The CDS will continue and patients will be followed annually through 2012 in order to to determine the overall 10-year survival rate for moderate risk grafts and to determine whether the graft-failure rate is related to donor age. Additional objectives include determining the value of endothelial cell density in predicting graft failure and evaluating donor and recipient characteristics that may be predictive of late graft failure. All CDS subjects who are active at the 5-year exam are eligible for the extended follow-up phase.

As part of the Specular Microscopy Ancillary Study, follow-up images will be obtained during the extended follow-up phase at 7-8 years and again at 10-years. The same procedures used during the first 5 years will be followed for the grading of the 7-8 year and 10-year images.

  Eligibility

Ages Eligible for Study:   40 Years to 80 Years
Genders Eligible for Study:   Both
Accepts Healthy Volunteers:   No
Criteria
  • Patients must be in the age range of 40 to 80 years.
  • Patients with corneal disease associated with endothelial dysfunction, including pseudophakic corneal edema, Fuchs' dystrophy, posterior polymorphous dystrophy, endothelial failure from another cause, interstitial keratitis (non-herpetic), or perforating corneal injury.
  Contacts and Locations
Choosing to participate in a study is an important personal decision. Talk with your doctor and family members or friends about deciding to join a study. To learn more about this study, you or your doctor may contact the study research staff using the Contacts provided below. For general information, see Learn About Clinical Studies.

Please refer to this study by its ClinicalTrials.gov identifier: NCT00006411

Locations
United States, Florida
Jaeb Center for Health Research, Inc.
Tampa, Florida, United States, 33647
Sponsors and Collaborators
Eye Bank Association of America
Bausch & Lomb Incorporated
Tissue Banks International
Vision Share, Inc.
San Diego Eye Bank
The Cornea Society
Katena Products, Inc.
ViroMed Laboratories, Inc.
Midwest Eye-Banks (Michigan Eye-Bank, Illinois Eye-Bank)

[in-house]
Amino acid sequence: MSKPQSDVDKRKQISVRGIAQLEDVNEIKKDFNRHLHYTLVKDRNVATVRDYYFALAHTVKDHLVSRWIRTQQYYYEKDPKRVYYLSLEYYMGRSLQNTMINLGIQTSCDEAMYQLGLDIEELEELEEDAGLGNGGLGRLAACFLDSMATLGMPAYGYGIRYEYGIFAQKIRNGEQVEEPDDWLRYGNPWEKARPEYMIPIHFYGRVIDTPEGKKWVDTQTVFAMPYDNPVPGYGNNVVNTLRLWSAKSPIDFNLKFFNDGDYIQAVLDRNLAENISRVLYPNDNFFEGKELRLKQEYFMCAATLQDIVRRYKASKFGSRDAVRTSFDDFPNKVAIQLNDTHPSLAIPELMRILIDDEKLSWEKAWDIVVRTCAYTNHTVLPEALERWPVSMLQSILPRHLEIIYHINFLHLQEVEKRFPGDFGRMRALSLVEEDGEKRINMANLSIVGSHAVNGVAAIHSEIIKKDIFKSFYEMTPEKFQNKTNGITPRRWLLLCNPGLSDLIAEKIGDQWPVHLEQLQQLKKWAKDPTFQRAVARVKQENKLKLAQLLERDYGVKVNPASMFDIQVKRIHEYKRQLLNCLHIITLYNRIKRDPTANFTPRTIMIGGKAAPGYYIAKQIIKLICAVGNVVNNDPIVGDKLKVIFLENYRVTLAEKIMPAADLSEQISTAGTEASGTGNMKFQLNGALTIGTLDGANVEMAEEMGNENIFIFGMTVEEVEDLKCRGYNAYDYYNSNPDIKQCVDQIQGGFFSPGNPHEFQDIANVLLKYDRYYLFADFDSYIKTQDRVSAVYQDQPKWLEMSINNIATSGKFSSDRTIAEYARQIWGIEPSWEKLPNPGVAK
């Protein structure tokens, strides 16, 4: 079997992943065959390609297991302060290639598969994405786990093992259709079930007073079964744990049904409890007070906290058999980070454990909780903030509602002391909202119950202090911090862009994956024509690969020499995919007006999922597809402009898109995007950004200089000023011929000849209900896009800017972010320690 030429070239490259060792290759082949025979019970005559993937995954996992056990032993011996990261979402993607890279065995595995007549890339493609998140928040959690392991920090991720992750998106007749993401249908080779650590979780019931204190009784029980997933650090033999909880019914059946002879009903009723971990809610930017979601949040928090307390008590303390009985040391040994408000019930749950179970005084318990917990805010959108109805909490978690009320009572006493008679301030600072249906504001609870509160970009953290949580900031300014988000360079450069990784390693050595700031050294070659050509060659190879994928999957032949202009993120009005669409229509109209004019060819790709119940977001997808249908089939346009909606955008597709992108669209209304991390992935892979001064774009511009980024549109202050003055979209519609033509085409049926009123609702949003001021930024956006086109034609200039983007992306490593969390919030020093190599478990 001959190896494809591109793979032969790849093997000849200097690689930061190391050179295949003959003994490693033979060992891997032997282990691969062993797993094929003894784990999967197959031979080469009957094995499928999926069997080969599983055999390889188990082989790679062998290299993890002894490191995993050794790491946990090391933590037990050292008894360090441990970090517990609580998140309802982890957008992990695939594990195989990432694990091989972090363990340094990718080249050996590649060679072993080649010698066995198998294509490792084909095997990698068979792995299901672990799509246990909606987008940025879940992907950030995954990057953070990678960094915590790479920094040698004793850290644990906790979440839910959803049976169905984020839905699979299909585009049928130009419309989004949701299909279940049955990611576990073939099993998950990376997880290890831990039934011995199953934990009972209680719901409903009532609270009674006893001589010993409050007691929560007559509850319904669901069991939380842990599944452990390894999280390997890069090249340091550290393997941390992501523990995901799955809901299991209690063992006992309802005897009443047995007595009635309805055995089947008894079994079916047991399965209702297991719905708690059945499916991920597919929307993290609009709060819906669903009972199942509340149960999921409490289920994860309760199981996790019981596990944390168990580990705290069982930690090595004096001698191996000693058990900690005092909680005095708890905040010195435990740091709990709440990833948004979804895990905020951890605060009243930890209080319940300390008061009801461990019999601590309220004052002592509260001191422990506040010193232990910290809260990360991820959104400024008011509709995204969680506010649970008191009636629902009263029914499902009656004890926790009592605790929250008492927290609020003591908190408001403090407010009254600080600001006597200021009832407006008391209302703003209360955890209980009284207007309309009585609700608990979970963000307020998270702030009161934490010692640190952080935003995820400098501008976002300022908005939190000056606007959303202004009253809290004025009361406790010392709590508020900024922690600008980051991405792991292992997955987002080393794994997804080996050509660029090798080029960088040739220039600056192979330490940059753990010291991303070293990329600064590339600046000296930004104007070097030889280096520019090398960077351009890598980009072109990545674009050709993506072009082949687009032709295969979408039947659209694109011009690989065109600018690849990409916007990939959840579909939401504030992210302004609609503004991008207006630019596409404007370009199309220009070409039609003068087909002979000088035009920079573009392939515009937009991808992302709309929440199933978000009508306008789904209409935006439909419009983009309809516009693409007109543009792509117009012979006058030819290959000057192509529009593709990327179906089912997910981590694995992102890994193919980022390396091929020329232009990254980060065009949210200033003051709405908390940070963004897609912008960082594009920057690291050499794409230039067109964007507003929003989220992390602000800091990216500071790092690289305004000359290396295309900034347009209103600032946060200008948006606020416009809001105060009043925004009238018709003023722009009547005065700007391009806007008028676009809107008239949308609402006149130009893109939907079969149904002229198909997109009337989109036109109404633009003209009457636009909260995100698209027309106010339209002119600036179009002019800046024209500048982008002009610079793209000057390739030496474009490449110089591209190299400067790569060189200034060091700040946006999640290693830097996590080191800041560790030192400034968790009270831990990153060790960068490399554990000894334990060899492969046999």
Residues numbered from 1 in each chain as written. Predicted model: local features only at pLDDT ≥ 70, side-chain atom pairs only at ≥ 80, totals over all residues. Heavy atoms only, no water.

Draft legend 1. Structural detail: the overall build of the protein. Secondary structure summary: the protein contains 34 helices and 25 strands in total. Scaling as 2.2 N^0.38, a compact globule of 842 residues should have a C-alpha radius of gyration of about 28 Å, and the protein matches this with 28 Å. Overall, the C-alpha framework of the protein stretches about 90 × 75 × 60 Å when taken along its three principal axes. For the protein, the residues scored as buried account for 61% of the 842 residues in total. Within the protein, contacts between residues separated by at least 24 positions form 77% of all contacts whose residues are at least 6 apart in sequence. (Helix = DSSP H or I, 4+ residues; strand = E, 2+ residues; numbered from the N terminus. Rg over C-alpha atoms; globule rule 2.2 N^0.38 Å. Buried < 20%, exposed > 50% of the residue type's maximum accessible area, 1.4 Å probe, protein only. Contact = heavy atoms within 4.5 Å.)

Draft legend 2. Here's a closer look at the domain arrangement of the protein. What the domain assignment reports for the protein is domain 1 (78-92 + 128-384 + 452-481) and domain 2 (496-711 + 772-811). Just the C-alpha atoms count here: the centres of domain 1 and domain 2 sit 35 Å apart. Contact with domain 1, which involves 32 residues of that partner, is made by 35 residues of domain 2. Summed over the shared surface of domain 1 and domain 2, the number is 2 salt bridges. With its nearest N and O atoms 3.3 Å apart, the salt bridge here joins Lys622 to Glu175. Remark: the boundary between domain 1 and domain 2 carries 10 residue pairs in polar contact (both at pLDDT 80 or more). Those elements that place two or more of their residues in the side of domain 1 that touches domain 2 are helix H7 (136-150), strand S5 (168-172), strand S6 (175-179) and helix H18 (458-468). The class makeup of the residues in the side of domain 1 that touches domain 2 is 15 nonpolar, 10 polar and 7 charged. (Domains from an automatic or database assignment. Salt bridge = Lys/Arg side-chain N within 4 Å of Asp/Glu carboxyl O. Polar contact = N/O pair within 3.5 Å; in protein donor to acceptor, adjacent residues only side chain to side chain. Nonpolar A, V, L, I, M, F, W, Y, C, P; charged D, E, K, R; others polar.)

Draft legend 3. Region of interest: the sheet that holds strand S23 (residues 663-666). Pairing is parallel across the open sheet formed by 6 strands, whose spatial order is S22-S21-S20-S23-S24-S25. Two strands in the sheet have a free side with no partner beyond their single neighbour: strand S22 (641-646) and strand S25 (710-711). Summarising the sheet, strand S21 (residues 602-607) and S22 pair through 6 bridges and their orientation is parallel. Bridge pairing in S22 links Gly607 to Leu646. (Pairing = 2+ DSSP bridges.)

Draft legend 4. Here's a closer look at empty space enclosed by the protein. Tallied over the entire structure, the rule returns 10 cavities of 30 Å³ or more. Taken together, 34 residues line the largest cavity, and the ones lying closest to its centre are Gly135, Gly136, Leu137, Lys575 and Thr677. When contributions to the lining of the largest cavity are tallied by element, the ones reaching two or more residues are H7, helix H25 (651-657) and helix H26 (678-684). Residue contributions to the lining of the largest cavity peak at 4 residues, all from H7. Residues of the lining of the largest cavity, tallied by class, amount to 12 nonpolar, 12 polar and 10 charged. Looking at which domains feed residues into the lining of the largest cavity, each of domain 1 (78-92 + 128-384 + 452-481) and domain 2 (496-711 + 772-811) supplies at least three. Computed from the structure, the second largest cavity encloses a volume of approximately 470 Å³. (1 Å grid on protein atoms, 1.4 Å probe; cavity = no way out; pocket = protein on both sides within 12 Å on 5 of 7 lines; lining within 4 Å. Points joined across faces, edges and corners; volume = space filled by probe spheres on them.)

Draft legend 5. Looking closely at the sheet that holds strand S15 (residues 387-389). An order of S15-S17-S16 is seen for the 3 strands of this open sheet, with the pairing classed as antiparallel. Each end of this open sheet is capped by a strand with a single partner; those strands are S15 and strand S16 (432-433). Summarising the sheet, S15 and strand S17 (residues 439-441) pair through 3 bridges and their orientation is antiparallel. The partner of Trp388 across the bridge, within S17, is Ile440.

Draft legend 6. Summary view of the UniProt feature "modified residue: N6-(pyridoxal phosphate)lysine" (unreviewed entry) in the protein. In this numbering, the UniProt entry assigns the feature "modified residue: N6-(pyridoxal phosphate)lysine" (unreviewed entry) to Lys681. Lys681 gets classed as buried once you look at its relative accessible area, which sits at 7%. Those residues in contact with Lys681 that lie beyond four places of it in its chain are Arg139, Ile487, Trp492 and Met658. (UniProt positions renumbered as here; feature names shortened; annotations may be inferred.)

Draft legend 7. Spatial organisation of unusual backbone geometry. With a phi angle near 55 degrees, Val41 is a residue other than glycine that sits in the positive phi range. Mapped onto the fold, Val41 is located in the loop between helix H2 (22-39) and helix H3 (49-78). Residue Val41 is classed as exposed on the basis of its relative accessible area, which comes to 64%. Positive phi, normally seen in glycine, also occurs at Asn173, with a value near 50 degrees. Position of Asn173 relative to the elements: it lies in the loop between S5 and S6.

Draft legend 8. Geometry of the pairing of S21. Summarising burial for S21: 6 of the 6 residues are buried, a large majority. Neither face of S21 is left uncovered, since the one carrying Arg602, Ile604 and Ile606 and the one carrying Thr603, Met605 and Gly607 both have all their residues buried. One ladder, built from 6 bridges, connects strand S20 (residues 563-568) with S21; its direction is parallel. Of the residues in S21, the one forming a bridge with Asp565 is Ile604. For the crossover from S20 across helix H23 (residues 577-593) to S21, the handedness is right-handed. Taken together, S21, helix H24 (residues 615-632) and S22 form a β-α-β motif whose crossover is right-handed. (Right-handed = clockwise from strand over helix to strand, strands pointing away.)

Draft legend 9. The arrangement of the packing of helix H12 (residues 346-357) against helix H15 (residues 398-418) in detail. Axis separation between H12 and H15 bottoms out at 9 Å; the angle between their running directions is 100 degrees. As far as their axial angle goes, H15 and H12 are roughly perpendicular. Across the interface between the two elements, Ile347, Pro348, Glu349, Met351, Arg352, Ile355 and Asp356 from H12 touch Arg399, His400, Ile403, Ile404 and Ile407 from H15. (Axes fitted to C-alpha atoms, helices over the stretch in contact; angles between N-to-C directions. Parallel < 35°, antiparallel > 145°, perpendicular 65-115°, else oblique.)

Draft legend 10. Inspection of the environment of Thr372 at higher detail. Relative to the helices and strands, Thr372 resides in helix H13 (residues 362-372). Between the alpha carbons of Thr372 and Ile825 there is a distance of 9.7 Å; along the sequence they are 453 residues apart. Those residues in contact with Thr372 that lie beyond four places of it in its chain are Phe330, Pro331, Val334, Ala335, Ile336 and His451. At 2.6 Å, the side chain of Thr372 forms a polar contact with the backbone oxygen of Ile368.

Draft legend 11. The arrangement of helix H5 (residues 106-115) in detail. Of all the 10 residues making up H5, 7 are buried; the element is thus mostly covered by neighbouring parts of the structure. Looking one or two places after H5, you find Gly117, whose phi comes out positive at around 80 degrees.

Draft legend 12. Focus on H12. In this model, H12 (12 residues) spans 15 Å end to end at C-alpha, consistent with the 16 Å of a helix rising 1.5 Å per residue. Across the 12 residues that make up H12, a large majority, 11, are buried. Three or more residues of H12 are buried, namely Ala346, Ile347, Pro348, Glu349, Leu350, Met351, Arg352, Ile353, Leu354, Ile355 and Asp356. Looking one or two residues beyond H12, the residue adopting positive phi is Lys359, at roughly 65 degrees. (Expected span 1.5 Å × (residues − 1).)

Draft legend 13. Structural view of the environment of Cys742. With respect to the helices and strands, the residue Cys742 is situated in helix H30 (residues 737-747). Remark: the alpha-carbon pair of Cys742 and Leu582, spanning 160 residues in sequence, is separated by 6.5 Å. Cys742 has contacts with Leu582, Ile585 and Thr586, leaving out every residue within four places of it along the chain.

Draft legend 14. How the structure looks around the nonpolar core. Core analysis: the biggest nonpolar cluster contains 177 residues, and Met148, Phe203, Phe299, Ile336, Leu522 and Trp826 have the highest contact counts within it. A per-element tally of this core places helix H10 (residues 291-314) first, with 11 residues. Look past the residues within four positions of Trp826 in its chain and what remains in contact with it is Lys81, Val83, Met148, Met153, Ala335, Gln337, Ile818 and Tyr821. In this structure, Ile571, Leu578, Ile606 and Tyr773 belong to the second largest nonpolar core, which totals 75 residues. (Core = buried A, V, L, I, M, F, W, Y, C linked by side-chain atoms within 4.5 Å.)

Konan Medical, Inc.
Eye Bank for Sight Restoration
SightLife
Sight Society of Northeastern New York (Lions Eye Bank of Albany)
Lions Eye Bank of Oregon
Investigators
Study Chair: Edward J Holland, MD University of Cincinnati and Cincinnati Eye Institute
Study Chair: Mark J Mannis, MD University of California, Davis
Principal Investigator: Roy W Beck, MD, PhD Jaeb Center for Health Research
Principal Investigator: Jonathan H Lass, MD (PI of Specular Microscopy Ancillary Study), Case Western Reserve University and University Hospitals Case Medical Center
  More Information

Additional Information:
Publications:
Cornea Donor Study Investigator Group. The effect of donor age on corneal transplantation outcome: results of the cornea donor study. Ophthalmology 2008; 115:620-626.
Cornea Donor Study Investigator Group. Donor age and corneal endothelial cell loss five years after successful cornea transplantation: specular microscopy ancillary study results. Ophthalmology 2008; 115:627-632.

Additional publications automatically indexed to this study by ClinicalTrials.gov Identifier (NCT Number):
Responsible Party: Roy W. Beck, M.D., Ph.D., Jaeb Center for Health Research
ClinicalTrials.gov Identifier: NCT00006411     History of Changes
Other Study ID Numbers: NEI-80, 5U10EY012358
Study First Received: October 13, 2000
Last Updated: March 23, 2010
Health Authority: United States: Federal Government

Keywords provided by National Eye Institute (NEI):
cornea transplant
corneal endothelial cell density
moderate risk corneal diseases requiring corneal transplantation
corneal transplantation

Additional relevant MeSH terms:
Corneal Diseases
Corneal Edema
Fuchs' Endothelial Dystrophy
Eye Diseases
Corneal Dystrophies, Hereditary
Eye Diseases, Hereditary
Genetic Diseases, Inborn

ClinicalTrials.gov processed this record on July 23, 2014